Android Question Webdav access via OkHttp

laserted

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Greets! It's another WebDav question! While the search results from the forum have been somewhat helpful, part of my misunderstanding is that my particular request doesn't follow the same format as those prior. In particular, I don't *think* I need to map or create a multipart json request. The application is webdav to a nextcloud/owncloud/generic webdav server - and I realize that I am not the first one to ask this type of question, however there don't seem to be any "here's a solution" responses to those. The posts simply died off. :-(

I have a functioning server and can access it via curl, such as:

a) create subfolder2 inside of user1's workspace, wherein username:password are credentials and --ssl-no-revoke fixes a curl issue:

curl -u username:password -X MKCOL https://server.tld/remote.php/dav/files/user1/subfolder2 --ssl-no-revoke

In raw, it transforms to this:
MKCOL /remote.php/dav/files/user1/subfolder2 HTTP/1.1
Authorization: Basic dXNlcm5hbWU6cGFzc3dvcmQ=
Host: server.tld

(such that the auth is straight base64 encoded of the "username:password" credential, including the separator)

b) transfer a local file myphoto.png to that prior-created folder on the server:
curl -u username:password -T myphoto.png https://server.tld/remote.php/dav/files/user1/subfolder2/myphoto.png --ssl-no-revoke

In raw that looks like:
GET /remote.php/dav/files/user1/subfolder2/myphoto.png HTTP/1.1
Authorization: Basic dXNlcm5hbWU6cGFzc3dvcmQ=
Host: server.tld

I have no idea why the -T (transfer) turns into a GET request when viewed in raw, perhaps that's just an anomaly from reqbin.com. Also, the --ssl-no-revoke flag, which is absolutely necessary, gets dropped off the raw. So raw probably isn't helping me any.

Where I am really lost is how does the above turn into an httpjob? How does -T or MKCOL become a type of request, or a header?

I've used httputils in quite simple processes (very straightforward GETs and POSTs) for a long time, but converting this to hand-written http requests has taxed my google-fu severely.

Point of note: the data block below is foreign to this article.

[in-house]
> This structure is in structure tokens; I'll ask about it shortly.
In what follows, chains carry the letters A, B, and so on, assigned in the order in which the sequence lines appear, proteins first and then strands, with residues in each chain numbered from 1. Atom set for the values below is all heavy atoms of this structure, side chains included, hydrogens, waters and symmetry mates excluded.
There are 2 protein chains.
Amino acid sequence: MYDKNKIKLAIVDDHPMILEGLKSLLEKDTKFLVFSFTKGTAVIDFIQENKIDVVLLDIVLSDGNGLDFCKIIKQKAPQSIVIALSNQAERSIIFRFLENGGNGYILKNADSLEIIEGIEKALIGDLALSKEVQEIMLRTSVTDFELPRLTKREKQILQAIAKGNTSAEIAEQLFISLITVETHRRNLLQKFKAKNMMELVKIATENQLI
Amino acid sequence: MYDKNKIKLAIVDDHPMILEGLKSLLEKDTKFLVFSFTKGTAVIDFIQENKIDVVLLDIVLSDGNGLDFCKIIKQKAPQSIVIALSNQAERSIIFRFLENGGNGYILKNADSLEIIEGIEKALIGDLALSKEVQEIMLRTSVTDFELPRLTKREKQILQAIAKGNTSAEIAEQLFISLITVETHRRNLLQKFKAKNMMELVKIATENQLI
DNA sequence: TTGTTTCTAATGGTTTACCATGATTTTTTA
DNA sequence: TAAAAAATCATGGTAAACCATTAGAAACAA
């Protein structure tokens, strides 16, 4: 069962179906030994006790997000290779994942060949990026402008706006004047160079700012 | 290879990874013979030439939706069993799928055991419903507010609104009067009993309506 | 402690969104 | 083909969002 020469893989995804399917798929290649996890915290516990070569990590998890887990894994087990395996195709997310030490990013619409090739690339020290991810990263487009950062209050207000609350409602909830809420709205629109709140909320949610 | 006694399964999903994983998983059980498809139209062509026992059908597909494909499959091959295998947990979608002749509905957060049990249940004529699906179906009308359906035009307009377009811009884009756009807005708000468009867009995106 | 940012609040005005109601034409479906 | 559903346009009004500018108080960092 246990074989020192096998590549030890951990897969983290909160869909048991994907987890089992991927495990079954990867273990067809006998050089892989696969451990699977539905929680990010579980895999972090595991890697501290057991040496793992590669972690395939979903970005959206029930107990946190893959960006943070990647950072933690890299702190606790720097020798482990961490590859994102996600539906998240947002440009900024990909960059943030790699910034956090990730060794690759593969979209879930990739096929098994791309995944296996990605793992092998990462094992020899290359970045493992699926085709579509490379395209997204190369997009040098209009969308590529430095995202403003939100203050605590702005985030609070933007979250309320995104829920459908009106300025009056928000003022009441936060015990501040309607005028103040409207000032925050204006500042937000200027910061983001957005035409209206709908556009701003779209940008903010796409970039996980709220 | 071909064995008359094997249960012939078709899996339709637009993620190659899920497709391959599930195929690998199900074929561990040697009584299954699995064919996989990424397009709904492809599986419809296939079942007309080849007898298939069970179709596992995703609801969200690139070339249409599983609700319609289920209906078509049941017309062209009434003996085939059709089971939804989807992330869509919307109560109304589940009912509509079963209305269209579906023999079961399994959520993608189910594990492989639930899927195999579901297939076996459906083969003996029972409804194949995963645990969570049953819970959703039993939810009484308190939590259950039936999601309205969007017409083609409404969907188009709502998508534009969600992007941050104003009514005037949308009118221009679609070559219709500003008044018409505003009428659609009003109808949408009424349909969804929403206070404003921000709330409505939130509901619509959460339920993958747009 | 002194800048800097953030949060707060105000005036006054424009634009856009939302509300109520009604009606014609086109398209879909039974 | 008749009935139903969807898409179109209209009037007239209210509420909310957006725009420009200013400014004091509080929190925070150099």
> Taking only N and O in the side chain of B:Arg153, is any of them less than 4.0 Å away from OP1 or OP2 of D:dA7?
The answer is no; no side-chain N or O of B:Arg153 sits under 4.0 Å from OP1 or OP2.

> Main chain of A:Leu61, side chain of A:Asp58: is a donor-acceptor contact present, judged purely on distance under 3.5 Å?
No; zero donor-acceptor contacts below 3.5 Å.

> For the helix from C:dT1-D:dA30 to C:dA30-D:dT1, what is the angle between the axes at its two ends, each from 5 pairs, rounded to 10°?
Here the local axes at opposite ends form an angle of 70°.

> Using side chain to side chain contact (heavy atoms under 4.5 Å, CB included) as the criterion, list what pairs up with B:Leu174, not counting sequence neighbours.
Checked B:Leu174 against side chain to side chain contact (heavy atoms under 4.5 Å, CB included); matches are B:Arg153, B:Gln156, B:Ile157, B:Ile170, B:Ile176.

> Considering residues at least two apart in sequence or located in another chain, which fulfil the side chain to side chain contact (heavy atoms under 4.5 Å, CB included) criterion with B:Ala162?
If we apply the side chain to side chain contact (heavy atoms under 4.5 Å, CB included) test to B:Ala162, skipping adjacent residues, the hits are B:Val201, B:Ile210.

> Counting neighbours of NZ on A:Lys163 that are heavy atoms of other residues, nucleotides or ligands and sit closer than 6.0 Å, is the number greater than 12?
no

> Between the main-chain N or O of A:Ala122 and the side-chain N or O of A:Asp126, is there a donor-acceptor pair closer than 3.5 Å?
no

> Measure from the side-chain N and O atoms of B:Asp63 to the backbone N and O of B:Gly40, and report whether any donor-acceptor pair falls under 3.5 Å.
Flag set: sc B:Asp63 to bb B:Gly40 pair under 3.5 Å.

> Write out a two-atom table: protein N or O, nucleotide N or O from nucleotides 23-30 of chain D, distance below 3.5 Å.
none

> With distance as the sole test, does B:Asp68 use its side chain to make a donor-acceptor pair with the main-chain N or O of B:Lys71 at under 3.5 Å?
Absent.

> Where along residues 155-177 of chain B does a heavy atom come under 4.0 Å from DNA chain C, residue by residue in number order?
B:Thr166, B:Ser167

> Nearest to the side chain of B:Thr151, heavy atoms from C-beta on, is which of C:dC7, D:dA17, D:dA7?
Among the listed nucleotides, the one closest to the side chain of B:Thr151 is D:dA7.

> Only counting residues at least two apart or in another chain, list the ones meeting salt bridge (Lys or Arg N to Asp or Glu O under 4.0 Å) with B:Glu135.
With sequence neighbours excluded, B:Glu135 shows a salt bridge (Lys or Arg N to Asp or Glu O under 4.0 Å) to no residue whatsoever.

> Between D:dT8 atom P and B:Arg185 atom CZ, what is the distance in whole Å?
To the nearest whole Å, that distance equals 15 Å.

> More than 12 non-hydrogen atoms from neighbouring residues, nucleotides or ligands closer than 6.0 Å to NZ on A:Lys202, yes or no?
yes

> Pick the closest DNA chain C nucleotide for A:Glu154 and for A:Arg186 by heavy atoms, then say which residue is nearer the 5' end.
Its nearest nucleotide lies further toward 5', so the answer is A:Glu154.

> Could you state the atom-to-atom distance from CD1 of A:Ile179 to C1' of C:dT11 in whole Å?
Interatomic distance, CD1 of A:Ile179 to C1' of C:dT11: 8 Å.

I'm hoping some of those that were doing prior work with webdav attempts might share some of their earlier successes or understanding?

Thanks,
Ted.

 

drgottjr

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the -T option should have resulted in uploading the file.
GET is curl's default operation, so something freaked
it out, and it reverted to the default.
you might try again with a -v option to see what the
server is trying to tell you.

technically, okhttputils can work, at least to upload a
file. you would use PUT as the command. see what you
get with that. actually, try it with curl first. it that works,
okhttp should (with appropriate headers).

okhttputils is not set up for webdav; it's
a b4x wrapper to facilitate our typical http(s) needs.
an okhttp client (in java) does support webdav. nothing
stopping you from talking to one (or one of the many
webdav-supporting libraries out there) with a java object.
 
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laserted

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Thank you for that insight. Perhaps the most important takeaway there is that it is becoming a deeper rabbit-hole that I do not care to go down at this time. My PHP chops are much stronger and I do have access to the server platform, so writing a custom api for this purpose that uses a more traditional post request from b4a and using okhttp within its constraints may be the more viable option. Certainly quicker for me to write and troubleshoot.
If another answer pops up that says "hey, here's a cool template solution for direct access", I'll be happy to try it out, but I'm not out of horsepower on the server, so receiving and redirecting the request content isn't any significant impact.

I don't particularly care for finding forum posts that don't actually have answers, so for the sake of posterity, to any future readers: my path will be to write a php script and place it on the server that redirects the request to a local curl request to the webdav server itself. This may seem a little excessive and untidy, however the wrong direction in this case would be to simply store the file on the local filesystem. Since I'm working with nextcloud/owncloud instances, that platform is actually intercepting the webdav (to a certain degree - overseeing might be a better statement) and capturing metadata for its own database that it presents for other clients. (I'm pretty sure NC and OC use Sabre as the actual webdav server, but direct file access is somewhat discouraged). To that end, writing a php script that acts as a simple post receiver, takes the file as content, the file path and the user credentials as parameters, then internally performs 2 curl requests - one to make sure the relevant file folder structure exists and create if not, the second to handle the file itself, then return a simple ok/fail response -- turns out to be a fairly straightforward and stable solution. If your forum searching doesn't point you in the right direction, similar httputils/php connections have been discussed here: https://www.b4x.com/android/forum/t...-httpclient-initializepost2.13225/#post-74487

Many thanks,
Ted.
 
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